Starbucks, the world’s largest coffee chain, is losing ground with people worldwide due to the pandemic. Chicago writer Natalia Nebel, who used to frequent Starbucks, now prefers independent cafes in her Lincoln Park neighborhood over the chain. The appeal of Starbucks faded along with the pandemic, and many customers have started to feel the bite of tighter finances, making it difficult for them to continue patronizing the business.

The company’s latest earnings report shows that same-store sales in the US dropped 3% in the January through March period from a year ago. Budget-conscious consumers are shelling out less on quick-service offerings, including Starbucks, according to CEO Laxman Narasimhan. Many customers have been more exact about where and how they choose to spend their money, particularly with stimulus savings mostly spent. Starbucks’ plan to turn things around includes updating its app and mobile payment offerings, speeding up service, and overhauling its menu to lure customers back.

Former Starbucks CEO Howard Schultz called for a “maniacal focus” on the customer experience, suggesting that the answer does not lie in data but in the stores. Starbucks should revamp its mobile ordering and payment app to “once again make it the uplifting experience it was designed to be.” Starbucks will recover, but it’s “clearly not business as usual.” Starbucks spokespersons are confident in Starbucks long-term success, but the challenges and opportunities he highlights are the ones they are focused on.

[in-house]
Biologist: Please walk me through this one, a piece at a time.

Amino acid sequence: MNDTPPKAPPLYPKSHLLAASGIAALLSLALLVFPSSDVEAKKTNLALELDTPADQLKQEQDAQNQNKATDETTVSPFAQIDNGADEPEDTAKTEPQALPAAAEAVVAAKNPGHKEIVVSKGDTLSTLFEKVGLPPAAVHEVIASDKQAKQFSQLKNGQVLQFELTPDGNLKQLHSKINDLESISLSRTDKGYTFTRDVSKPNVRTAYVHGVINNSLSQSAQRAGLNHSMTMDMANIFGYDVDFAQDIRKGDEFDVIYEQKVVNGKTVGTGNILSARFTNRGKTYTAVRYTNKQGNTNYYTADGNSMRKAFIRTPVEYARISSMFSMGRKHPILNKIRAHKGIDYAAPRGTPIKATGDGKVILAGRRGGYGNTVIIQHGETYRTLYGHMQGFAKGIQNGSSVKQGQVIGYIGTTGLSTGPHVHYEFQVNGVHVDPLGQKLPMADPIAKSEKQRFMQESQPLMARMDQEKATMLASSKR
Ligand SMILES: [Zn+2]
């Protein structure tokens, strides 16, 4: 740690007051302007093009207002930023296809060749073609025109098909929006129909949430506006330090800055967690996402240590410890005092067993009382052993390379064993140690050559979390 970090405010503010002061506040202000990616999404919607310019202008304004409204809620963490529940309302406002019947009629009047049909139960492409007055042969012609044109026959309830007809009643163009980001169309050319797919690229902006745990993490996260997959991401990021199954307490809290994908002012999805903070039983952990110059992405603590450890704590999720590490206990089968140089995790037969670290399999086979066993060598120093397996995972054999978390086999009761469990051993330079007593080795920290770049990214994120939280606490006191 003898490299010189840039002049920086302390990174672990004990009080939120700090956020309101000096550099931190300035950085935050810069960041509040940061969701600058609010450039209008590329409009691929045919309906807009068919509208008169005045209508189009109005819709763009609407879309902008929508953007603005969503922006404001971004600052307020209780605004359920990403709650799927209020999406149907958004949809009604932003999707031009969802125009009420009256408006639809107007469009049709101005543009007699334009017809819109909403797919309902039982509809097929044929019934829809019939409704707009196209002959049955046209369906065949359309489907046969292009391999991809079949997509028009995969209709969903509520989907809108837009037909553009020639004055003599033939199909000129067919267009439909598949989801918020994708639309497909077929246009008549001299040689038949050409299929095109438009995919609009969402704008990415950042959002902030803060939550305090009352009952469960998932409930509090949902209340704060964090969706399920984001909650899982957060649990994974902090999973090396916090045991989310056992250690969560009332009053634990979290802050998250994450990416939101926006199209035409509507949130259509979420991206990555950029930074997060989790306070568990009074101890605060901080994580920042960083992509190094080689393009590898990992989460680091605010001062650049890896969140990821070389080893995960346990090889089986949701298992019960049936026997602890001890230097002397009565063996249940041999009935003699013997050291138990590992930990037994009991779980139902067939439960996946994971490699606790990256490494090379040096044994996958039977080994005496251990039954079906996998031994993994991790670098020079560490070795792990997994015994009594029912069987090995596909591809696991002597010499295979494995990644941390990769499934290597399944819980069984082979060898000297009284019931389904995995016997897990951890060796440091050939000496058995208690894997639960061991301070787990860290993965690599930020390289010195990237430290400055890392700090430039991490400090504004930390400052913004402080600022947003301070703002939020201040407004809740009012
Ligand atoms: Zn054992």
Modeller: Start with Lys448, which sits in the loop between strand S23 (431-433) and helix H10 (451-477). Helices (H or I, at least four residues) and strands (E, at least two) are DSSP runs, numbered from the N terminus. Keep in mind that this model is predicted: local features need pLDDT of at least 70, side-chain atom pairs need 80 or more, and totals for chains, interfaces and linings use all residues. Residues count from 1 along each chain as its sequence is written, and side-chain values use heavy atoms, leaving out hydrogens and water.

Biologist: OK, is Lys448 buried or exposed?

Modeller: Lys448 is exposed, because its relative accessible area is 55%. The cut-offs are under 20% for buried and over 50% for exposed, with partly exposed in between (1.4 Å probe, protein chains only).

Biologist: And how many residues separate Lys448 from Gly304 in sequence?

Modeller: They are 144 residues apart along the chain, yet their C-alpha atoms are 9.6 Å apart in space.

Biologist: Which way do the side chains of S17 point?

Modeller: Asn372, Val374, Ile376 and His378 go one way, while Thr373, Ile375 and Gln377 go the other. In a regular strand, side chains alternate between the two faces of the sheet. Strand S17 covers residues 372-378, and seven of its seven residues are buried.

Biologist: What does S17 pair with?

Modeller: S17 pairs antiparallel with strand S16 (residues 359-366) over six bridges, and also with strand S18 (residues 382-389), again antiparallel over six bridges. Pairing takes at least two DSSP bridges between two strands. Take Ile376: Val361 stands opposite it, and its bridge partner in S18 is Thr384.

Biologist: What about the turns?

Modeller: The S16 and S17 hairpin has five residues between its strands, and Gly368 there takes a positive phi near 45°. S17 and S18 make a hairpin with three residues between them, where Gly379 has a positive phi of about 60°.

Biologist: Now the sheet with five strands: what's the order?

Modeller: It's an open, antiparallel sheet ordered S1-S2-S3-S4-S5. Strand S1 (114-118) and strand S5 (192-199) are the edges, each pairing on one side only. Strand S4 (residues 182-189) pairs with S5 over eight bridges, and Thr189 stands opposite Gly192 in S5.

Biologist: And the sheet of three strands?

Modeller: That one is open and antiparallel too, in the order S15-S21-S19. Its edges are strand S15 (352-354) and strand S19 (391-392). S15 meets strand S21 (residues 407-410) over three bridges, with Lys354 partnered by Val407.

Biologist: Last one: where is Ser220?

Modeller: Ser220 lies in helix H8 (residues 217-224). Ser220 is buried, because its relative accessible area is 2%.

Customer experience flags in a world where seamless mobile/digital ordering and throughput are emphasized, and Starbucks should revamp its mobile ordering and payment app to “once again make it the uplifting experience it was designed to be.” Starbucks’ long history has been an experiential occasion, with consumers going in, ordering a beverage just the way they wanted it and having a nice interaction with the barista. One downside of mobile ordering is it becomes very transactional.

Both Nebel and Turner mentioned Starbucks’ strife with employees as another reason they choose not to patronize the business, although most analysts downplayed the issue. From Nebel’s perspective, a Starbucks cafe in Chicago’s Old Town neighborhood that used to bustle with energy and people now has fewer patrons and a downbeat atmosphere. Starbucks and the union organizing its workers are currently in contract negotiations after a protracted battle that has the Supreme Court hearing its case challenging the authority of the National Labor Relations Board.

Starbucks offers one of the best employee value propositions (wages and benefits) in the restaurant industry, so they’re being punished for labor practices that most folks partake in. Meanwhile, headlines about Starbucks employees not being allowed to wear Black Lives Matter attire tarnished the brand for Morgan Bissett-Tessier, a 31-year-old law school student and part-time school administrator in New York. The Brooklyn resident now avoids Starbucks despite the company reversing its dress code policy on BLM.